This is reflected in the design and construction, with commercial bikes having more durable frames and parts including the flywheel. If you are buying a commercial Spin ® Bike the manufacturer’s warranty will often be valid for two years, whereas home bikes will just be one year.
Setting up a Spin ® studio is often the next logical step for gym or fitness centre owners. We sometimes get asked how many bikes a gym needs to buy to set up a studio and whether a Spin ® studio is a good investment. Often, the set up costs of a studio can be recouped in a year or less, but if you want to know more about the potential return on investment we would be happy to offer you some advice.
Top 10 Spin ® Bike Features:
1. Q Factor
The Q factor is one of the most important features to look at on a Spin ® Bike. The Q factor is the distance between the inside of the pedal attachments on the crank arms on either side or, more simply, the width of the gap between the two paths your feet follow.
In terms of replicating the most genuine riding experience, lower Q factors tend to be a closer representation of real bikes. The most popular indoor cycles will have a Q factor of between 155mm and 175mm. Research has revealed that a narrower Q factor is more ergonomically efficient and allows the rider to apply more force to the pedals. Some experts do argue though, that riders with particularly wide hips are sometimes better suited to riding a bike with a greater Q factor. Generally speaking, the lower the Q factor the closer the Spin ® Bike will feel to a real road bike.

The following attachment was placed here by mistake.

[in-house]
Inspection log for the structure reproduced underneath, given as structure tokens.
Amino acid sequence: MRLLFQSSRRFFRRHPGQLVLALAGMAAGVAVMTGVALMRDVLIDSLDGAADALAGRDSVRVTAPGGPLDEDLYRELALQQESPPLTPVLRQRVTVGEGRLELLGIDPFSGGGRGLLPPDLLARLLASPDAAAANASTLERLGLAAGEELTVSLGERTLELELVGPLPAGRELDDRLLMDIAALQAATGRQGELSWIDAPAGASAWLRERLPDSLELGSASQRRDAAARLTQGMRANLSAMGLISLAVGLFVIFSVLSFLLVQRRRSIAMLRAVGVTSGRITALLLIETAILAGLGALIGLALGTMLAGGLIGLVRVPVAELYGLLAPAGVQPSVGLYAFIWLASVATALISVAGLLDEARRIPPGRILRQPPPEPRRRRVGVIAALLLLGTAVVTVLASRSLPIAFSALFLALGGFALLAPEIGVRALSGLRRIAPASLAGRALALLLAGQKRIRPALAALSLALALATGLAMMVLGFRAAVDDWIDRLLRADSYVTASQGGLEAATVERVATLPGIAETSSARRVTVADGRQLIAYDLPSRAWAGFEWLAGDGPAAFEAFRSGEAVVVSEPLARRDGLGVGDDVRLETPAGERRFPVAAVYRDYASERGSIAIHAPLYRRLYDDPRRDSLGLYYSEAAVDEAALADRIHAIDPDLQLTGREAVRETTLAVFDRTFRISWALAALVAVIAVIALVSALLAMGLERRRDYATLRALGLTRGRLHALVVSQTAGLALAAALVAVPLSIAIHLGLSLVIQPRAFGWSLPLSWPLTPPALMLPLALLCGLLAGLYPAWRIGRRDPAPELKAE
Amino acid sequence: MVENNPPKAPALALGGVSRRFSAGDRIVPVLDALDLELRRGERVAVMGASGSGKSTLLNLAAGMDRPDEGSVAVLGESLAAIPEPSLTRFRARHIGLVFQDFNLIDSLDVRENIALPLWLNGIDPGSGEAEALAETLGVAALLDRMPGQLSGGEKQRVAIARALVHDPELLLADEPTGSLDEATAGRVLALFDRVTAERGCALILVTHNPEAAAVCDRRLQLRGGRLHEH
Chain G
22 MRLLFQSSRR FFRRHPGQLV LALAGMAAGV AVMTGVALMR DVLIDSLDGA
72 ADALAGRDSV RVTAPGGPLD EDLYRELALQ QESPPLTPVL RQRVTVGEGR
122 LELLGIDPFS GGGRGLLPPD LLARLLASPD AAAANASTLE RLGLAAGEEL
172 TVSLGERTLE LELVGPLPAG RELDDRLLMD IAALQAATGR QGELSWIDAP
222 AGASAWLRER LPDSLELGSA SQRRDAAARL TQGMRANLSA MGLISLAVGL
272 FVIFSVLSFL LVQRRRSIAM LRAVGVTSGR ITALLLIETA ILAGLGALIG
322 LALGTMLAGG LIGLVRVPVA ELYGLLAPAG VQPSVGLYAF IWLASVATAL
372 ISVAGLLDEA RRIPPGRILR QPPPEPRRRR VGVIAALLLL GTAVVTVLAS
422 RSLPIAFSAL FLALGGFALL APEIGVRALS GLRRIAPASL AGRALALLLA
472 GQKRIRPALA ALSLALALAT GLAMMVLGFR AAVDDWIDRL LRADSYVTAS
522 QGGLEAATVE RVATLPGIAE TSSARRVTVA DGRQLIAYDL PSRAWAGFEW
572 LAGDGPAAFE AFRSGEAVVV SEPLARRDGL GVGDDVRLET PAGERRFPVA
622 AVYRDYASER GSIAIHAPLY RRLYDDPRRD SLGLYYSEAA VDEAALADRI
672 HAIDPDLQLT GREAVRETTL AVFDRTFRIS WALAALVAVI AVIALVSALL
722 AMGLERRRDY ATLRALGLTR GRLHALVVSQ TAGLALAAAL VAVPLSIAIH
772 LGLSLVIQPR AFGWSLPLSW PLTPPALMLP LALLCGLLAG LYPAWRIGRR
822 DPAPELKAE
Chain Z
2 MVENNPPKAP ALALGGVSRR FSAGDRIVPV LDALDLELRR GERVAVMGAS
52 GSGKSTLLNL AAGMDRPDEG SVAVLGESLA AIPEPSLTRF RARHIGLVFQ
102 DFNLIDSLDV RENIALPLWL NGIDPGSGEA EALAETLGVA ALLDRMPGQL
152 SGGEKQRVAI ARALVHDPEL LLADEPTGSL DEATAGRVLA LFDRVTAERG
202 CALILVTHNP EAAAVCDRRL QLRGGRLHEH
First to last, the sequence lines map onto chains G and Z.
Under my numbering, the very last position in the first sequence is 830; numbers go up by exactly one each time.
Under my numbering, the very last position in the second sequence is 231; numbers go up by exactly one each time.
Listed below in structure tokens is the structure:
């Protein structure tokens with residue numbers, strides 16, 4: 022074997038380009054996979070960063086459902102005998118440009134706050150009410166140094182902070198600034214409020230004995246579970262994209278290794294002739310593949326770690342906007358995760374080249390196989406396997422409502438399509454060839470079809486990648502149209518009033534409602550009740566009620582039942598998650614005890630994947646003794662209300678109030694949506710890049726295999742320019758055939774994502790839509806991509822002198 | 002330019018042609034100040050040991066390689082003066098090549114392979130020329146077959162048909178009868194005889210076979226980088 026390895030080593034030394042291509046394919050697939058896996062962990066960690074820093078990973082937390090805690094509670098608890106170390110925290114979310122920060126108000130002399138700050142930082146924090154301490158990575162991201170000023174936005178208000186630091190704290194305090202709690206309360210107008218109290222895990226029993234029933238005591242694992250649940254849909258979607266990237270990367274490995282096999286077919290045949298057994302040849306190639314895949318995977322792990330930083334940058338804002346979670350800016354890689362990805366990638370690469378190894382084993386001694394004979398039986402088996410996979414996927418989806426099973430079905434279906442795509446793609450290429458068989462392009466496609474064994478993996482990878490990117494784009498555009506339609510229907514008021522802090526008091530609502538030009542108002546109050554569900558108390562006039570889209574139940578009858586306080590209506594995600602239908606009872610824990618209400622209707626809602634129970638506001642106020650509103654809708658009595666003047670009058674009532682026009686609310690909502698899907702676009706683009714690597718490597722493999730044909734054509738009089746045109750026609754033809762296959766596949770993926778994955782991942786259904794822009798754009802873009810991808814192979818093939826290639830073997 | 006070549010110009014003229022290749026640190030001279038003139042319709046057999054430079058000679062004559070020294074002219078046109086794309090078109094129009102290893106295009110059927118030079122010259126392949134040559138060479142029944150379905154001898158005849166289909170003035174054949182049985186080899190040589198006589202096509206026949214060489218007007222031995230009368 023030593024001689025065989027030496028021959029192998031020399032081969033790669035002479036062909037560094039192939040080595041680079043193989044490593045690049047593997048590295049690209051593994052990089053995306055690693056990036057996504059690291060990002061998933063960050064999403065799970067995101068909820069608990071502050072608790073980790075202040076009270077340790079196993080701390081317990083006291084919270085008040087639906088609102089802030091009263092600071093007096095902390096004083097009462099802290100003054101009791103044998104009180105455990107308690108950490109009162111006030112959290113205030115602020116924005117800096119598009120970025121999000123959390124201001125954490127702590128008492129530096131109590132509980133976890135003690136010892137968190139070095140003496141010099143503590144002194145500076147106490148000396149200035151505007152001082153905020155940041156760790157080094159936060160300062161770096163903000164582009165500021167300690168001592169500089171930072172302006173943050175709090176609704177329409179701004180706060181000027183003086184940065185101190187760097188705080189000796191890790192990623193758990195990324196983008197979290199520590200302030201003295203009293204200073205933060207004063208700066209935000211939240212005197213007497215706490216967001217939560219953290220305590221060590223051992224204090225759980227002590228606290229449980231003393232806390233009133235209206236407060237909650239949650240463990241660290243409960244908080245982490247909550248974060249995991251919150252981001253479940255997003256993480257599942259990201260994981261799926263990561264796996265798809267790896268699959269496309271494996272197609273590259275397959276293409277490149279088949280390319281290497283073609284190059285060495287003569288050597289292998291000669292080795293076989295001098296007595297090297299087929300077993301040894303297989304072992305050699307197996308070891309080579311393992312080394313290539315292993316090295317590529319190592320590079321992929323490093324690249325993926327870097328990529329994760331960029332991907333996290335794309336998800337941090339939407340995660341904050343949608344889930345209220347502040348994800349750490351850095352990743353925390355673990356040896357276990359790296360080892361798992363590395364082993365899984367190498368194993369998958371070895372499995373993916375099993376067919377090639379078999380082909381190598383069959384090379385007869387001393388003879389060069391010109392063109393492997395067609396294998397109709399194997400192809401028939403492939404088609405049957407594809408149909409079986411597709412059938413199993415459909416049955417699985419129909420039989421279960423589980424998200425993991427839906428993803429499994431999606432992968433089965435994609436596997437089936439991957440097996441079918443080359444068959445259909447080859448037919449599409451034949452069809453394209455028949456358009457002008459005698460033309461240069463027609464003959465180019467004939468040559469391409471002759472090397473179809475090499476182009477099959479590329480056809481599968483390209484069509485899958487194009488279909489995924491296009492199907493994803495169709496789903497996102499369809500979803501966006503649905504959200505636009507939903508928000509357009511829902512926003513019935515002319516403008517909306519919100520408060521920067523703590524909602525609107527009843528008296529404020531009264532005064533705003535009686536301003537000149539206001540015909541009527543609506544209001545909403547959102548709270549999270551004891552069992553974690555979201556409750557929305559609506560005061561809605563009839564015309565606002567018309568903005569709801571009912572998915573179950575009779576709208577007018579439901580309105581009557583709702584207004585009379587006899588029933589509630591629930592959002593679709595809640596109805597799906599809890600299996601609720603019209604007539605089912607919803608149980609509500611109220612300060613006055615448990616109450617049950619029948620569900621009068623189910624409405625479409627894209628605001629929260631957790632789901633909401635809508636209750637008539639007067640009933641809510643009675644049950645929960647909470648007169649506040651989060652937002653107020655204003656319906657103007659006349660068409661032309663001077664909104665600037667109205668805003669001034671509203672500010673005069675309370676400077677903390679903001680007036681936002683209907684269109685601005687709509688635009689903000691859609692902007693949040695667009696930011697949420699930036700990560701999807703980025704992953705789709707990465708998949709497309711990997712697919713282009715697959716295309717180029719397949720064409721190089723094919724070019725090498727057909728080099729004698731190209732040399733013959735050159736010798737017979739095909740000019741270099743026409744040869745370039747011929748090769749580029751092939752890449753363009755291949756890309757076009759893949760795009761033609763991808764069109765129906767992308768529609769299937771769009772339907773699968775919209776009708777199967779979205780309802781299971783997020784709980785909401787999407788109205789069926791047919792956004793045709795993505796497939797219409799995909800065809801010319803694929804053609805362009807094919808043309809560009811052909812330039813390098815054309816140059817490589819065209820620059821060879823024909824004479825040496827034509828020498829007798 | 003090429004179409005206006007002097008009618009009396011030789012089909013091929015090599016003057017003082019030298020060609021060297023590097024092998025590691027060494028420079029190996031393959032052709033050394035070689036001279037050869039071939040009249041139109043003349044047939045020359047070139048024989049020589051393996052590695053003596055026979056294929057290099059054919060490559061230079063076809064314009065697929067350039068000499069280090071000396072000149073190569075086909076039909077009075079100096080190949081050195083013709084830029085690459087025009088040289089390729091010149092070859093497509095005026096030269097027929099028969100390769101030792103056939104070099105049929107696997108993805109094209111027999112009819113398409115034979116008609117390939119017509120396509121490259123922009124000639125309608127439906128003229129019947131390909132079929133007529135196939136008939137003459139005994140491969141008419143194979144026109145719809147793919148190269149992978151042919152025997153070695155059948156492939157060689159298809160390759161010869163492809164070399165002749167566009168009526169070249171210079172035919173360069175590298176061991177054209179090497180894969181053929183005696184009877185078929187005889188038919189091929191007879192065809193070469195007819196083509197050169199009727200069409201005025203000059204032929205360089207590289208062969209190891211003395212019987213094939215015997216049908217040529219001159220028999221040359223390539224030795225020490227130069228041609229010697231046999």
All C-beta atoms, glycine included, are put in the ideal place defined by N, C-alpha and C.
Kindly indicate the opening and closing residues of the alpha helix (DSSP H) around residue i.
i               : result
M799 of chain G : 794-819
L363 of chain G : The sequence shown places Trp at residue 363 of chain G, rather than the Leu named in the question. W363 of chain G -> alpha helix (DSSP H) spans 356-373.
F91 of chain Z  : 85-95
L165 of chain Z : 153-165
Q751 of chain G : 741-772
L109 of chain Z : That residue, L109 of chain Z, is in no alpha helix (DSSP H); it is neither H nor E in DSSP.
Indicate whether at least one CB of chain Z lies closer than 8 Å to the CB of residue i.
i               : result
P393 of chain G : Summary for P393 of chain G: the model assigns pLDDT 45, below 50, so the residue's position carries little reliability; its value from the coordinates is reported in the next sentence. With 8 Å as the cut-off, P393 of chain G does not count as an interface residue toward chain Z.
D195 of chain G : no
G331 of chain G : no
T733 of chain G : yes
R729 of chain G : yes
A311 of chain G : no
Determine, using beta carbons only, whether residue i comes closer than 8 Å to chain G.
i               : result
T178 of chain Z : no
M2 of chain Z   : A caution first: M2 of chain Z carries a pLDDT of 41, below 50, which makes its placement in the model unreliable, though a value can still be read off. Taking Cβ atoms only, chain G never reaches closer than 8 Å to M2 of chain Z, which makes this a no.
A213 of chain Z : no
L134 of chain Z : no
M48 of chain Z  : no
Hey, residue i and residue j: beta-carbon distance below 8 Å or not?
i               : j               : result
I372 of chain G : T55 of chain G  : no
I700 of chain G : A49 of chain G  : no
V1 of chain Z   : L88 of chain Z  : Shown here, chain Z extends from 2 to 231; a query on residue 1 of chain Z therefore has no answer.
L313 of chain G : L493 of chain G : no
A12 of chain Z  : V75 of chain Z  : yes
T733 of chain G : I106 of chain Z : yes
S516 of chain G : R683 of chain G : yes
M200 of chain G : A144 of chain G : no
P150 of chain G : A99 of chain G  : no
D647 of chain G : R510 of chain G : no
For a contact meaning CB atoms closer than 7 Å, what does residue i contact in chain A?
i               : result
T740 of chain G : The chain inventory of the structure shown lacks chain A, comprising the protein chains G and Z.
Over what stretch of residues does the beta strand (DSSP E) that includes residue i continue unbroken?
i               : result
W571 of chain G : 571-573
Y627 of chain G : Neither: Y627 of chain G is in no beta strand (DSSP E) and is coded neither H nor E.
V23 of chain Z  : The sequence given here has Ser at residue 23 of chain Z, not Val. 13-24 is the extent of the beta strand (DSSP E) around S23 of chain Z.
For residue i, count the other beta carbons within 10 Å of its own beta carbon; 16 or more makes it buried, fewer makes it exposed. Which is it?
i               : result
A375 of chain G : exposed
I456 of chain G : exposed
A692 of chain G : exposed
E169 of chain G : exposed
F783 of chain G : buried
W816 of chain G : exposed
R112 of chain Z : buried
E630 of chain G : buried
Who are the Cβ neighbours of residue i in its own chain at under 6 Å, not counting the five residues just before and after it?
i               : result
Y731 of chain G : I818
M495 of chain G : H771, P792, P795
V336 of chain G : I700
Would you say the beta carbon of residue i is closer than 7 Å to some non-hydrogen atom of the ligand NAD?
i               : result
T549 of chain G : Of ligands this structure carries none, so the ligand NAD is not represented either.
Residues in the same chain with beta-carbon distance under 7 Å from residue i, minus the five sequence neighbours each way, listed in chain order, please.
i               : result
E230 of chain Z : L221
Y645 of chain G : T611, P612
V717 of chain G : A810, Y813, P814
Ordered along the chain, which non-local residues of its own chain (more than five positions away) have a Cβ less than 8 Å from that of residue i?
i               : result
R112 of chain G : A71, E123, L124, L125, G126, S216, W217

2. Flywheel Weight
The weighted rotation of the flywheel maintains the forward momentum of the bike’s pedals. The heavier spin bike flywheels replicate the smooth ride and rolling movement of road bikes more accurately. Flywheels range in weight from approximately 14kg to 20kg. All current Star Trac Spinning ® models have a flywheel weight of 17.2kg. One of the Myths people often hear about Spin ® Bikes is that they should stay away from a flywheel under 20kg. Resistance is created by the friction or magnets, the weight of the flywheel only has a bearing on resistance for the first couple of revolutions at zero resistance.
3. Adjustable Seat Position
Similar to the handlebar setup, having the correct saddle position is important in making sure that the Spin ® Bike rides comfortably and the risk of injury is as low as possible. Fore and aft movement is essential in catering for riders of different sizes and those with slightly different riding positions.
4. Adjustable Handlebar Position